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Do Lights Deter Burglars?

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Authorities have often suggested leaving lights on to help keep your home safe. But, many homeowners are questioning whether that is actually an effective burglary prevention strategy. As you look down your street to see if certain homes are illuminated, you might be wondering what makes a home a potential target. And, what does lighting have to do with home safety?

One study suggests that using lighting as a burglar-deterrent reduces the chances of anonymity. The study suggests that security lights help deter break-ins because many intruders feel they would be more likely to be recognized and caught if security lighting were in use.

But, is lighting really the deterrent? This same study suggests that neighborhoods with good lighting are perceived to have a stronger sense of community pride and that the lighting acts as informal social control to help prevent burglary. In fact, according to FBI data, most break-ins occur during the day between 10 AM and 3 PM because it is when people are least likely to be home.

Another study was conducted using burglar responses. KGW8 News surveyed 86 burglars regarding their motivations and methods for breaking in to a home. The responses were unclear in determining whether lighting was a sufficient deterrent: “Responses were mixed regarding lights on in a home. Some said it was a deterrent. But one burglar said the combination of lights on and blinds closed created an attractive location.” In addition, every burglar who took part in the study said that they would knock on the door prior to attempting a burglary and almost all would reconsider breaking into a home if a car was in the driveway.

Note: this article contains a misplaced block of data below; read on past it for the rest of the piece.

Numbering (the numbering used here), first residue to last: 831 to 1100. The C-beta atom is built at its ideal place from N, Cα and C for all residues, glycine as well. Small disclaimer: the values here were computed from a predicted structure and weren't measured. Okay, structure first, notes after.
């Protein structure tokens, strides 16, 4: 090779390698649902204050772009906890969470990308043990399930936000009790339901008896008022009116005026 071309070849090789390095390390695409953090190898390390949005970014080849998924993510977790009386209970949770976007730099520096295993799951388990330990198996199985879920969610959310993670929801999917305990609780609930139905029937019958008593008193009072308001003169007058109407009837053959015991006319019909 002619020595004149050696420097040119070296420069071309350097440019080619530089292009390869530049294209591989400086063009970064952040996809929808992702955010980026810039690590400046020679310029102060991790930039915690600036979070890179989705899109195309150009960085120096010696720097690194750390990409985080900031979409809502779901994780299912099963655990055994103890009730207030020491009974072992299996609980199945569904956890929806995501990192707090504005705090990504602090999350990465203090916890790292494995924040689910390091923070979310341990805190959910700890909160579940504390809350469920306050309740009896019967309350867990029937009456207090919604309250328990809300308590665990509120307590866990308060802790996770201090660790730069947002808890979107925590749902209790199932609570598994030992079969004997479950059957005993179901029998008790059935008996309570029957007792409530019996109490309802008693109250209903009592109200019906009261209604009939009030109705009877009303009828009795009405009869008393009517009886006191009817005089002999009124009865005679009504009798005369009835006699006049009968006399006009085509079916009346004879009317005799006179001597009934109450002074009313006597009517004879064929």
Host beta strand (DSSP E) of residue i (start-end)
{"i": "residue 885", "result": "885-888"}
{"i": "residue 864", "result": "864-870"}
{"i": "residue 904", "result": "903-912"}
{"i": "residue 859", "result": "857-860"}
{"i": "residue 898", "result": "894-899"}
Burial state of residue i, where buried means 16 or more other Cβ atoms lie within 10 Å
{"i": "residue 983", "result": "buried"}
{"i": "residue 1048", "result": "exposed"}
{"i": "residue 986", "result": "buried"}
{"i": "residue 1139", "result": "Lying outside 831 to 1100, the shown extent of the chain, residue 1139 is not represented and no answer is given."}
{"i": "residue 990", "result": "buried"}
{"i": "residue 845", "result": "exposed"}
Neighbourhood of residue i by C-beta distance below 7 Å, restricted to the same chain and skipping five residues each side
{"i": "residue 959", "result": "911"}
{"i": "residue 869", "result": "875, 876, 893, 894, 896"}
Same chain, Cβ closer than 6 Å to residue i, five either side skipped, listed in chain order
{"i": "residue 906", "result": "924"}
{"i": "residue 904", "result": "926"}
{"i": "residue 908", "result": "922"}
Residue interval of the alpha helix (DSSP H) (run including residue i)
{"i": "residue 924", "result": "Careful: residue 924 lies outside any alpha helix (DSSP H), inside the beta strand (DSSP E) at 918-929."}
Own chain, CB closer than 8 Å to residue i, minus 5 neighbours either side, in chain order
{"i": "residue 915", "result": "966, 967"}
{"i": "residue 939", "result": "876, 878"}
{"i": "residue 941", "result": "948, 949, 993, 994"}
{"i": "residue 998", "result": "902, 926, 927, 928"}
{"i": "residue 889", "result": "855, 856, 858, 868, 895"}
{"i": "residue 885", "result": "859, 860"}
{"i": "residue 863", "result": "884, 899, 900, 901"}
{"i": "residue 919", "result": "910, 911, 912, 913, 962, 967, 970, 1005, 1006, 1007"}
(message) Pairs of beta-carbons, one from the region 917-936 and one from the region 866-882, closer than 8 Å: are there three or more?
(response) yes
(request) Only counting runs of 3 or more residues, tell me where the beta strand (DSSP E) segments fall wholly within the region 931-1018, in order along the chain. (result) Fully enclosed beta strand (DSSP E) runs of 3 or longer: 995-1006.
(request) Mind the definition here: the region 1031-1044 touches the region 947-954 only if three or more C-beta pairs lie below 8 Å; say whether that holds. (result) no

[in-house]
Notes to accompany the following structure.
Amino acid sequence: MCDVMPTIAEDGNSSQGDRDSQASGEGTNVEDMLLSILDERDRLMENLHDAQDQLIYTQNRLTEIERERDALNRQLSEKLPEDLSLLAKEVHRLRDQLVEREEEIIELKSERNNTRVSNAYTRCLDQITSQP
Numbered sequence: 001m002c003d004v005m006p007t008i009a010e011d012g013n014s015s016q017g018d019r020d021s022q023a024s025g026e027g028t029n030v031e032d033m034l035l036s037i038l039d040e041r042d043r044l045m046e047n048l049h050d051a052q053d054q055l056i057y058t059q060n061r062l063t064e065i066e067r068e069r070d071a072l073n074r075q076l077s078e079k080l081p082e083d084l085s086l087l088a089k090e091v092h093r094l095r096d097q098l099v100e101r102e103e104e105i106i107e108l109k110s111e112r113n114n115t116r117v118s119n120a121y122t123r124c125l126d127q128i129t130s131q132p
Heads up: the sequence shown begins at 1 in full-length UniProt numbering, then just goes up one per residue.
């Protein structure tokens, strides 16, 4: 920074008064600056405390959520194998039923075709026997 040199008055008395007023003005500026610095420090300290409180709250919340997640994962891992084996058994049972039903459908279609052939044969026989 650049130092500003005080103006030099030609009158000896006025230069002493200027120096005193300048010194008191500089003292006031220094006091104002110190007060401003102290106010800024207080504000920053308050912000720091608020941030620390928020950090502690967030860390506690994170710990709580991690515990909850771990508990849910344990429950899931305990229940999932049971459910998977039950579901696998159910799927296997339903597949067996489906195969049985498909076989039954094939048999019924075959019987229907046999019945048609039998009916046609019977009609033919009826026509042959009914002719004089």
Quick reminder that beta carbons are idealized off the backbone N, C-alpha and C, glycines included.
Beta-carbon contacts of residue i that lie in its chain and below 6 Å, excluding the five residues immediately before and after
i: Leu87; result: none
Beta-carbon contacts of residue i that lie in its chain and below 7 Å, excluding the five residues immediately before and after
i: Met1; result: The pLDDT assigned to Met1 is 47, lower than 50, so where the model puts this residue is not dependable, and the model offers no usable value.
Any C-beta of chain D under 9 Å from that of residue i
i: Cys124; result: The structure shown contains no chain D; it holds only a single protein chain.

The combination of this data suggests that the most important element for burglary prevention is a presence within the home. Burglars prefer to break in when the house is empty. They can work quickly and quietly and be gone before anyone even knows they were there.

Using this information, there are a few ways you can use lighting as part of your burglary prevention strategy.

How to use lights to deter burglars

How to use lights to deter burglars

  • Use lights to mimic real behavior and suggest someone is home: Set your lights to turn on and off at normal, irregular intervals to give the appearance that your home is occupied. Leaving lights on at 2AM doesn’t send the message that your home. Instead, leave lights on at times you would normally use lighting during the evenings. If you use timers, set them to turn on and off in different rooms to give the appearance that someone is moving around your house.
  • Use smart lighting for remote control of lights: Smart light bulbs give you the ability to turn lights on and off even when you aren’t at home. Turn your lights on at random times that would be expected and alternate lighting in different rooms. If you plan to employ this method, make sure your curtains are closed and you aren’t simply giving anyone on the street an open view into your empty home. Tie this in with a video doorbell and anyone knocking at your door will think you’re really there.
  • Select motion-activated security lights for outside your home: These lights are bright and will illuminate the most common points of entry to your home. The sudden light will also alert any neighbors to a presence outside your home.
  • Use your security system to support your lighting strategy: Regardless of how you program lights or choose to use security lighting to keep your home safe, you should always make sure that your security system is set to help keep your home safe. Even if your lighting strategy does not have the intended impact for burglary prevention, you can rest easy knowing your alarms will sound if a break-in occurs.

Leaving on lights at all times of the day doesn’t seem to be an effective burglary prevention strategy and it doesn’t do much for your utility bill either. With some planning, you can help keep your home safe and reduce your carbon footprint.

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